Does this just mean that "quite different species seem to have existed, and we can't think of any other way that that could have happened, other than through mutation and natural selection"? I'm certainly willing to accept that macro-evolution is the most convincing extant explanation for certain parts of the fossil record. But I'm wary of the word "proven." And what is "historical empiricism?" Does that include historiographical methods that rely on human verbal accounts of the past?

"classic Phillip Johnson rhetoric... attempting to portray all evolutionary stances in the hardest light possible so that the most people can see ways in which to dissent."

Well, Phillip Johnson is a fan of Karl Popper, and in Popperian fashion, he likes scientific theories to be "hard" enough to make predictions which render them falsifiable. I'm not sure Brownback deserves the compliment of being compared to Phillip Johnson, however.

Thomas

Why is the sentence meaningless? What evidence do you have about Jesus? Oral tradition and some written text. Well, what evidence do we have for macro-evolution? Fossil record, age of the Earth, DNA analysis, experiments on fruit flies and moths and the like, a theoretical mechanism (natural selection and descent with modification) that is consistent with observable phenomena, etc. The evidence for evolution is written on the Earth, much as the evidence for Jesus is written in a book. They are both historical artifacts, and both are equally valid, to various degrees. Atheists say that Jesus wasn't the son of God and didn't perform miracles. They don't believe in the testimony that vouches for that. Likewise, creationists don't believe that the evidence I just mentioned necessarily points to Darwinism. Fair enough. But you still have to account for the evidence somehow, and until you come up with something more explanatory than Darwinism, that's what the scientific community will continue to "preach".

Thomas

I should point out that there is one huge difference between the evidence for Jesus and the evidence for evolution: people can lie or be mistaken in their testimony, but the evidence used to justify Darwinism is a truth set in stone; the interpretations of the evidence for Darwinism may be dishonest or mistaken, but the evidence itself cannot lie.

Thomas

This is unrelated, but I kind of like Ron Paul, though I don't really like isolationism as a foreign policy.

http://www.youtube.com/watch?v=vEkjPkXHSEw

Nato

"I'm certainly willing to accept that macro-evolution is the most convincing extant explanation for certain parts of the fossil record"

...and comparative genomics, and modern homologies and analogies, and the geological record apart from fossils, and...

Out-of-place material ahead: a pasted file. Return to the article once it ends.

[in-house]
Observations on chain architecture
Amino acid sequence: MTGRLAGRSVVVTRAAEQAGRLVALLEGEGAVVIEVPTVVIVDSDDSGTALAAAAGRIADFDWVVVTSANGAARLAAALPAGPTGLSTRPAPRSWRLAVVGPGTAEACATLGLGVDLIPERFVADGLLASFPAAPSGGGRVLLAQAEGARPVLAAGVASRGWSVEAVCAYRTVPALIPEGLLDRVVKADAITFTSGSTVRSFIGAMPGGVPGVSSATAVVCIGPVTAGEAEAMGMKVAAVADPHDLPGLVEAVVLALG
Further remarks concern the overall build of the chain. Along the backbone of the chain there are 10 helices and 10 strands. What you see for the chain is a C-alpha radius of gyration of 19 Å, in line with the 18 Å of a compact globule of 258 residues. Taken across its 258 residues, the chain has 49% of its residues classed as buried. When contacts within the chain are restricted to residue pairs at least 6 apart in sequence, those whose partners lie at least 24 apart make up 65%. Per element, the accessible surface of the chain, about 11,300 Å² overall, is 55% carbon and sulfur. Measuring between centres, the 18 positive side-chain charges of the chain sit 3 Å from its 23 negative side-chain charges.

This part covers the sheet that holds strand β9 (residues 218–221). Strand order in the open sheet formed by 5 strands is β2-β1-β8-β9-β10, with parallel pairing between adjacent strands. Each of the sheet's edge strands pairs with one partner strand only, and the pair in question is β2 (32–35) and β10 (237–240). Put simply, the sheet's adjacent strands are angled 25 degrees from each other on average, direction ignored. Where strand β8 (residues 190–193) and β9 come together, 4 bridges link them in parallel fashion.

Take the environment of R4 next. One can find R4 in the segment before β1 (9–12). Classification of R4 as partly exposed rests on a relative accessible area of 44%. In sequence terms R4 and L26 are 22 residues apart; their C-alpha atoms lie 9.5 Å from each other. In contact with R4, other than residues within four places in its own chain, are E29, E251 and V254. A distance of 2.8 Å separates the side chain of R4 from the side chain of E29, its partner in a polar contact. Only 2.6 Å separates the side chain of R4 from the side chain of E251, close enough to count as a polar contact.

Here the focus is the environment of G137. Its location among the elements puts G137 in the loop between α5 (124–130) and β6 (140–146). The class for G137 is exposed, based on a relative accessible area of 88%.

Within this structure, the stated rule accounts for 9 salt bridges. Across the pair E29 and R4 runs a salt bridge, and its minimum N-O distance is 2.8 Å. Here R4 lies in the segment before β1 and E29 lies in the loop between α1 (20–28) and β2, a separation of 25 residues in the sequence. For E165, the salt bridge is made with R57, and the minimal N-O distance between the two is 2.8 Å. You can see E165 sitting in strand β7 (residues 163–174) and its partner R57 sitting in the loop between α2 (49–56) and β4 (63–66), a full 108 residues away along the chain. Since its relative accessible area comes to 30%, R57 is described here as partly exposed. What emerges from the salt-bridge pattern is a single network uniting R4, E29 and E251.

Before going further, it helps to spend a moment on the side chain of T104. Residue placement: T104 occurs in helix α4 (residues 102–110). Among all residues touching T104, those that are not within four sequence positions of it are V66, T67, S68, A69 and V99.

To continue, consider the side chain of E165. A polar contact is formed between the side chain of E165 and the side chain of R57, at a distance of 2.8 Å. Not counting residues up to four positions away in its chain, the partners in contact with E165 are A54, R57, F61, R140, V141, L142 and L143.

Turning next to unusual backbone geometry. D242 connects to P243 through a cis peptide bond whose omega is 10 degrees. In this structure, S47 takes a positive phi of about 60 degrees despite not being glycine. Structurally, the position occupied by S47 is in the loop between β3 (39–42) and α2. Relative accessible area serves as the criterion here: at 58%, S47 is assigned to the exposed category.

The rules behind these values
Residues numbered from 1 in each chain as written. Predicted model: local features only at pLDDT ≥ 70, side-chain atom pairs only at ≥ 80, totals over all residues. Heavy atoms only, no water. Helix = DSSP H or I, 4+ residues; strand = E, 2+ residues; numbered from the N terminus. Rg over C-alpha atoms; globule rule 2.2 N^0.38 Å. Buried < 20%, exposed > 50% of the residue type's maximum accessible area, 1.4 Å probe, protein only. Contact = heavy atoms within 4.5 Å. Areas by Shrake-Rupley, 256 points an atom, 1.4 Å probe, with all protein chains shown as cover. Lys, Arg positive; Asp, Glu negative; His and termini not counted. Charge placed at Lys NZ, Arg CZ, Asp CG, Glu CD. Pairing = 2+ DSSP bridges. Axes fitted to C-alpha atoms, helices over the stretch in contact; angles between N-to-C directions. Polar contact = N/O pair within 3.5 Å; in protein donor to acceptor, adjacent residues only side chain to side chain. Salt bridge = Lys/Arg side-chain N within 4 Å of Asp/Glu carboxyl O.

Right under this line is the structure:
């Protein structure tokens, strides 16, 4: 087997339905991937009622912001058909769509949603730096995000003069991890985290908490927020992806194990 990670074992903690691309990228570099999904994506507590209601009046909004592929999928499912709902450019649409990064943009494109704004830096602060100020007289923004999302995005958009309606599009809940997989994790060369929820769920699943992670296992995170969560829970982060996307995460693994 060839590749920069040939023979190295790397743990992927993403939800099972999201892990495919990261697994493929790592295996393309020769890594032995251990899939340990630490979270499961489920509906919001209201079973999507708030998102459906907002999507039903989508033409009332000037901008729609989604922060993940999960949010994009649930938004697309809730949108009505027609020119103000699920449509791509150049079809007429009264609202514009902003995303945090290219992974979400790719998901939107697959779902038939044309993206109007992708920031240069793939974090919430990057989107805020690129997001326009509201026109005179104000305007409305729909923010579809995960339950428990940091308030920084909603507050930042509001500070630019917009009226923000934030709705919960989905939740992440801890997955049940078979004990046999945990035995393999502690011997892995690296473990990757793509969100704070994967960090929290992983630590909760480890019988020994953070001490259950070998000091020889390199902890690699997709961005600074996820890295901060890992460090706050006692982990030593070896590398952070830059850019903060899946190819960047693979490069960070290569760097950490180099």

It's not 1965 and we're not only talking about the fossil record, which is really just the tip of the iceberg.

Nathan Smith

"I should point out that there is one huge difference between the evidence for Jesus and the evidence for evolution: people can lie or be mistaken in their testimony, but the evidence used to justify Darwinism is a truth set in stone; the interpretations of the evidence for Darwinism may be dishonest or mistaken, but the evidence itself cannot lie."

This is certainly not a valid dichotomy. The fossil record is set in stone but-- and this is just an aside, I'm not trying to prove an anti-evolution point here, just to protect logic-- it might be misleading. With people, too, the fact that they are saying things has some sort of cause: their words are still evidence of a sort even if they are lies. What humans can do is *tell the truth,* a higher level of meaning that the mere crude clue-reading one has to resort to in reading artefacts, or in trying to guess the truth from the words of liars.

Tom wants to privilege archeological evidence over human verbal evidence. It's the other way around.

Nathan Smith

"...and comparative genomics, and modern homologies and analogies, and the geological record apart from fossils, and..."

These are all evidence for evolution only with the help of considerable inferential elasticity. Not that inference is invalid, but it requires a different kind of epistemology. And this is where the distorted intellectual division of labor gets us in trouble: scientists tend to jump to a lot of conclusions when they step outside the hypothesis-experiment scientific method.

Thomas